In the first installment on this topic of this blog, we talked a lot about the challenges of intermittent demand. Now, we need to turn to the nuts and bolts of creating a demand estimate in the face of intermittent demand.

**Looking at the why**

The demand estimate has three primary purposes, including the delivery of:

- An estimate of the financial position of the organization.
- An estimate to drive the acquisition of product to place in inventory to meet demand, where acquisition may be purchase or production.
- An assessment of resources required, where resource may range from storage space to labor.

For the purposes of this discussion, we will focus on the second purpose, acquisition.

We will continue to use the intermittent demand example from the first blog. The probability of getting a nonzero demand value on any given day is 20%, the probability of zero demand is 80% (=100%-20%). If there is demand, the possible values are 1, 2, or 3 (with equal probability). The average demand on non-zero days is 2 (=(1+2+3)/3=6/3). The average demand per day is 0.4 (=0x(0.8) + 2x(0.2)= 0 + 0.4).

**Getting down to math**

Table 01 has an alternative, and very helpful, way to capture the probability of demand.

Row 4 (demand of 001) tells us the probability demand for any given day of one is 6.6667% (Column 2), the probability that demand of one or less is 86.7% (Column 3). The probability demand is greater than one on a given day is 13.3% (Column 4).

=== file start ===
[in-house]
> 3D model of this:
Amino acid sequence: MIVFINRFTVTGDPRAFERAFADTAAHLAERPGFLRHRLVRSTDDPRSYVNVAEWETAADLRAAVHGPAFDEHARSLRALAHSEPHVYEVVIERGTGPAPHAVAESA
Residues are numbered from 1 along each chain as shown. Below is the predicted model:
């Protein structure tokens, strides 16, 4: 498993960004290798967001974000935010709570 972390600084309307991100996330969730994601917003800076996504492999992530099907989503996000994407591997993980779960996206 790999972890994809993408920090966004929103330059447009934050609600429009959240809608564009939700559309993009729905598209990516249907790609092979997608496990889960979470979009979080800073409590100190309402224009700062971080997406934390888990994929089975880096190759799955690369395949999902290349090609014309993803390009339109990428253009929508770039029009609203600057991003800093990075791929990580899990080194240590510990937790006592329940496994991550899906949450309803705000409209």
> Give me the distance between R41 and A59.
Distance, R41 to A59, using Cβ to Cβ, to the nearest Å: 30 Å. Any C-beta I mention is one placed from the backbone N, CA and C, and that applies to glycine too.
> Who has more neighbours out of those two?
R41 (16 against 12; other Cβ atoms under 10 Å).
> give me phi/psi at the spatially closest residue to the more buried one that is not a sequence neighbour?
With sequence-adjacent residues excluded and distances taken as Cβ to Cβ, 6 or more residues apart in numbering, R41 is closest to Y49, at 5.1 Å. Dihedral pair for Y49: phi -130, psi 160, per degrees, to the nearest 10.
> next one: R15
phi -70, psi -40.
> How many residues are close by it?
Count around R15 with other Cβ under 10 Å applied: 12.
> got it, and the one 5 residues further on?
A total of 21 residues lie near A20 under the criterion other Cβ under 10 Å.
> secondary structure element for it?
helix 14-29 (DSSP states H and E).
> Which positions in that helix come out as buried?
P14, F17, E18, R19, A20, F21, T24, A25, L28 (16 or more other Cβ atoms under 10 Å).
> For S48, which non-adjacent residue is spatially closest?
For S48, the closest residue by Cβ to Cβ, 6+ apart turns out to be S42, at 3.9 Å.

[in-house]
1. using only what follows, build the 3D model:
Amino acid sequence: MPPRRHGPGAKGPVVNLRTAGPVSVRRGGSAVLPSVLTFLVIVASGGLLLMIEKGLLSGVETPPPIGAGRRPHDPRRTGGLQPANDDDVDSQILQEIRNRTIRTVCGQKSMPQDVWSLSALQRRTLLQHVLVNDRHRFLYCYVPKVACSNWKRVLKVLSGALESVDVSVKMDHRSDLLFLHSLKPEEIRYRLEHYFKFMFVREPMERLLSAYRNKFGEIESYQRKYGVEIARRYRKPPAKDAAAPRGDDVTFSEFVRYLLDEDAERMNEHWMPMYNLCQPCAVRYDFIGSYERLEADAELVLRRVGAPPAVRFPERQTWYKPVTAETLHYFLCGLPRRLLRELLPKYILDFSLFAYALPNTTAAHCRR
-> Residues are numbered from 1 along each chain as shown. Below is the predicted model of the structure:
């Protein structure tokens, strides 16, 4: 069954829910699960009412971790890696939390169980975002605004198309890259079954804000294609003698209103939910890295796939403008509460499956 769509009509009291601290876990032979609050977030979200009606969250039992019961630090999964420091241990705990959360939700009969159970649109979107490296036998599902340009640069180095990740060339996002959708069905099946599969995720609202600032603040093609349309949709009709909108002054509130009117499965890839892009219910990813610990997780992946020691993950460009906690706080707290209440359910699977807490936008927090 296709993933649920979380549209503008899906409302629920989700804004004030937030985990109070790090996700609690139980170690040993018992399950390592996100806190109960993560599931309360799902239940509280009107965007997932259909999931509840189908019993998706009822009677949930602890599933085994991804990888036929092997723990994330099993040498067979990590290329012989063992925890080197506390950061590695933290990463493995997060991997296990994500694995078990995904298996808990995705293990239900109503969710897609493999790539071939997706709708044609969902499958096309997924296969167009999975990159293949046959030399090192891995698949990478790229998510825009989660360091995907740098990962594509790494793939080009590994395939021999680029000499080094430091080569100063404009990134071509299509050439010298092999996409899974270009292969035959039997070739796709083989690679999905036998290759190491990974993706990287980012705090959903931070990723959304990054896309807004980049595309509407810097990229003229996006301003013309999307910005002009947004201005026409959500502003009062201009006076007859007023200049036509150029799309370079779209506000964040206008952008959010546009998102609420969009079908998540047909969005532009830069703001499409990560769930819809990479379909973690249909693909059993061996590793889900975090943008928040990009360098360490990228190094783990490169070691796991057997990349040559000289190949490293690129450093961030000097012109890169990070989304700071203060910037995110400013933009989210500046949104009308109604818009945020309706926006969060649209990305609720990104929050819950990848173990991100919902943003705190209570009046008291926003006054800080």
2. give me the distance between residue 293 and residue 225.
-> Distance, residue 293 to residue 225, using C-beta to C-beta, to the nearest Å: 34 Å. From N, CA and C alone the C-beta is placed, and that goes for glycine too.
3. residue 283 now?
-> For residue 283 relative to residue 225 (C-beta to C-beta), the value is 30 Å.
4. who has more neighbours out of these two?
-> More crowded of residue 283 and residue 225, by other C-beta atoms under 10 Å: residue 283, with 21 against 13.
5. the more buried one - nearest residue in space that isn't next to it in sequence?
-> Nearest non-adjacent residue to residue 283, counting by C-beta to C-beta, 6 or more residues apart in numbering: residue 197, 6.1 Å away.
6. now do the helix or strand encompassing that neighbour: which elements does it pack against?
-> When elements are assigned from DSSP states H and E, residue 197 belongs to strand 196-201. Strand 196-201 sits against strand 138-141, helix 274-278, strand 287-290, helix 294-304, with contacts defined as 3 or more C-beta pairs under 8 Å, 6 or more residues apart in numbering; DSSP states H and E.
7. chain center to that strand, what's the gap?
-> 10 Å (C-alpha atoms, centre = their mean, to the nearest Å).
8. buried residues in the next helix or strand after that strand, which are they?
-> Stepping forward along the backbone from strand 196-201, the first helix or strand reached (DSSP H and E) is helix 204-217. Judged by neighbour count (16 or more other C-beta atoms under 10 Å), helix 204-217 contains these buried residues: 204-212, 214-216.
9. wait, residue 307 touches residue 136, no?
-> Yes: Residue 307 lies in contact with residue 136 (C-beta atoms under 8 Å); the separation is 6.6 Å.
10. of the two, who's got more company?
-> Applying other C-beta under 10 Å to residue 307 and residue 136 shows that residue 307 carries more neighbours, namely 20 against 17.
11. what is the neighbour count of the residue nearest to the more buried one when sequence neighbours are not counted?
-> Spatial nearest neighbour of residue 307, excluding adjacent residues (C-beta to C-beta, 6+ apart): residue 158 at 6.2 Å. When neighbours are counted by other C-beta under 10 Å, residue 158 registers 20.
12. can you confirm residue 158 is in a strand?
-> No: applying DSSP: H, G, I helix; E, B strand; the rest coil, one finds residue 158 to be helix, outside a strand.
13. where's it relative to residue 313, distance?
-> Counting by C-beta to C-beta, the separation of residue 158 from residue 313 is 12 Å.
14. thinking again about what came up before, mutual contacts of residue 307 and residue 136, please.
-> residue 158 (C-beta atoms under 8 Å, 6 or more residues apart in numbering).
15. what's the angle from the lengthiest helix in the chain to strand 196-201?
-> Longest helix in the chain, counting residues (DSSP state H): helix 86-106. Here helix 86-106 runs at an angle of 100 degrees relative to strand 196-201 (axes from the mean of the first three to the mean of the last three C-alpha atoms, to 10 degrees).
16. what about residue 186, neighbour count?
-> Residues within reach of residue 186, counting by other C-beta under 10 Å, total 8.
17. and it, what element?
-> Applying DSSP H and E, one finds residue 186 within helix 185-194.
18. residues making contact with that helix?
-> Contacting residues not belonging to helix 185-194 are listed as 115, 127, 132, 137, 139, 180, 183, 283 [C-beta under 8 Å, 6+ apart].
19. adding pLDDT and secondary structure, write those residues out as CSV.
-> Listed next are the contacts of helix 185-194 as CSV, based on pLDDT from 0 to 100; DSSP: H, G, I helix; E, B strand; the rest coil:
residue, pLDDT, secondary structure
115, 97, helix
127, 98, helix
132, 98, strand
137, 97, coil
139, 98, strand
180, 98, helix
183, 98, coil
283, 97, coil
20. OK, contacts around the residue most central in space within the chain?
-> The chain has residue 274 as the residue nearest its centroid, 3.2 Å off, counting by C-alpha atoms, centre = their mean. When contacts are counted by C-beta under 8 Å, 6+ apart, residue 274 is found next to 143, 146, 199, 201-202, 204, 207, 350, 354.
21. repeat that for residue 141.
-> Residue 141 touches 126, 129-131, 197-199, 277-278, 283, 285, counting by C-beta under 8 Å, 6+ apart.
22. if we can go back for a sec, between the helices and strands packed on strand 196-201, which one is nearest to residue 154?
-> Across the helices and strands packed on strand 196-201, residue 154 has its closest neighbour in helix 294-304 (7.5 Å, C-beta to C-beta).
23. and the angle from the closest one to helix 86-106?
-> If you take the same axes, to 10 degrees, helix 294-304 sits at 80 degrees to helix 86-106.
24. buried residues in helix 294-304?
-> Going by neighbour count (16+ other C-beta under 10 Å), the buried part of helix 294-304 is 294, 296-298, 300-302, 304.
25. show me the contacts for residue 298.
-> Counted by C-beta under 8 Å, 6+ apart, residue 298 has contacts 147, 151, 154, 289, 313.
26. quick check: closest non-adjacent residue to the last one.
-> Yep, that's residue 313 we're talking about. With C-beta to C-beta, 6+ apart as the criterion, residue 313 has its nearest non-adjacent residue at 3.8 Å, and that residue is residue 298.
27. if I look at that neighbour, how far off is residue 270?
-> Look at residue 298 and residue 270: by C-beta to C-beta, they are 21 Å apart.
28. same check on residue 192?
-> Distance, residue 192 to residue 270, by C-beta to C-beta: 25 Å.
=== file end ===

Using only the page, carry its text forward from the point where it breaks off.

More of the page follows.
Our product is cherry butter pecan (CBP) 1/2 gallons of ice cream, where the lead time to replenish inventory is overnight. (Of course, it is as applicable to the electronic component or product of your choice.) An inventory replenishment request is made at the end of the day and the inventory arrives at the start of next day. If I reorder 10 units at the end of day one, then the 10 units will arrive at start of day two, and available to sell. The key questions are:

- How much to hold in inventory
- How often to reorder

For simplicity we will assume the cost to reorder is zero, the cost to hold inventory is $1 per day, the revenue for each sale is $3, the probability the new order arrives on time is 100%, the shelf life of a unit of CHP is 100 days, and the limit on storage space is 100 units. If a customer comes to the store to purchase CBP and there is no CPB (stockout), the order (sale) is lost forever. Since reorder cost is 0 and the reorder lead time is overnight, the critical question is how much inventory to hold at the start of each day, which is a question of managing the risk of a lost sale versus holding cost.

**Making big decisions**

How much to hold in inventory at the start of the day? We know the minimum demand each day is 0 and the maximum demand for a day is 3. The options are 0, 1, 2, and 3. If my target inventory level for CBP is 0, then I am essentially not selling this product – so this option is eliminated.

What about holding a single unit? What is the probability I will meet all demand for this day? If demand is 0 or 1, then all demand is met. If demand is 2 or 3, then sales are lost. What is the probability I will have inventory left at the end of the day? If demand is 0, I will have one unit left. If demand is 1, 2, or 3 I will have no inventory left.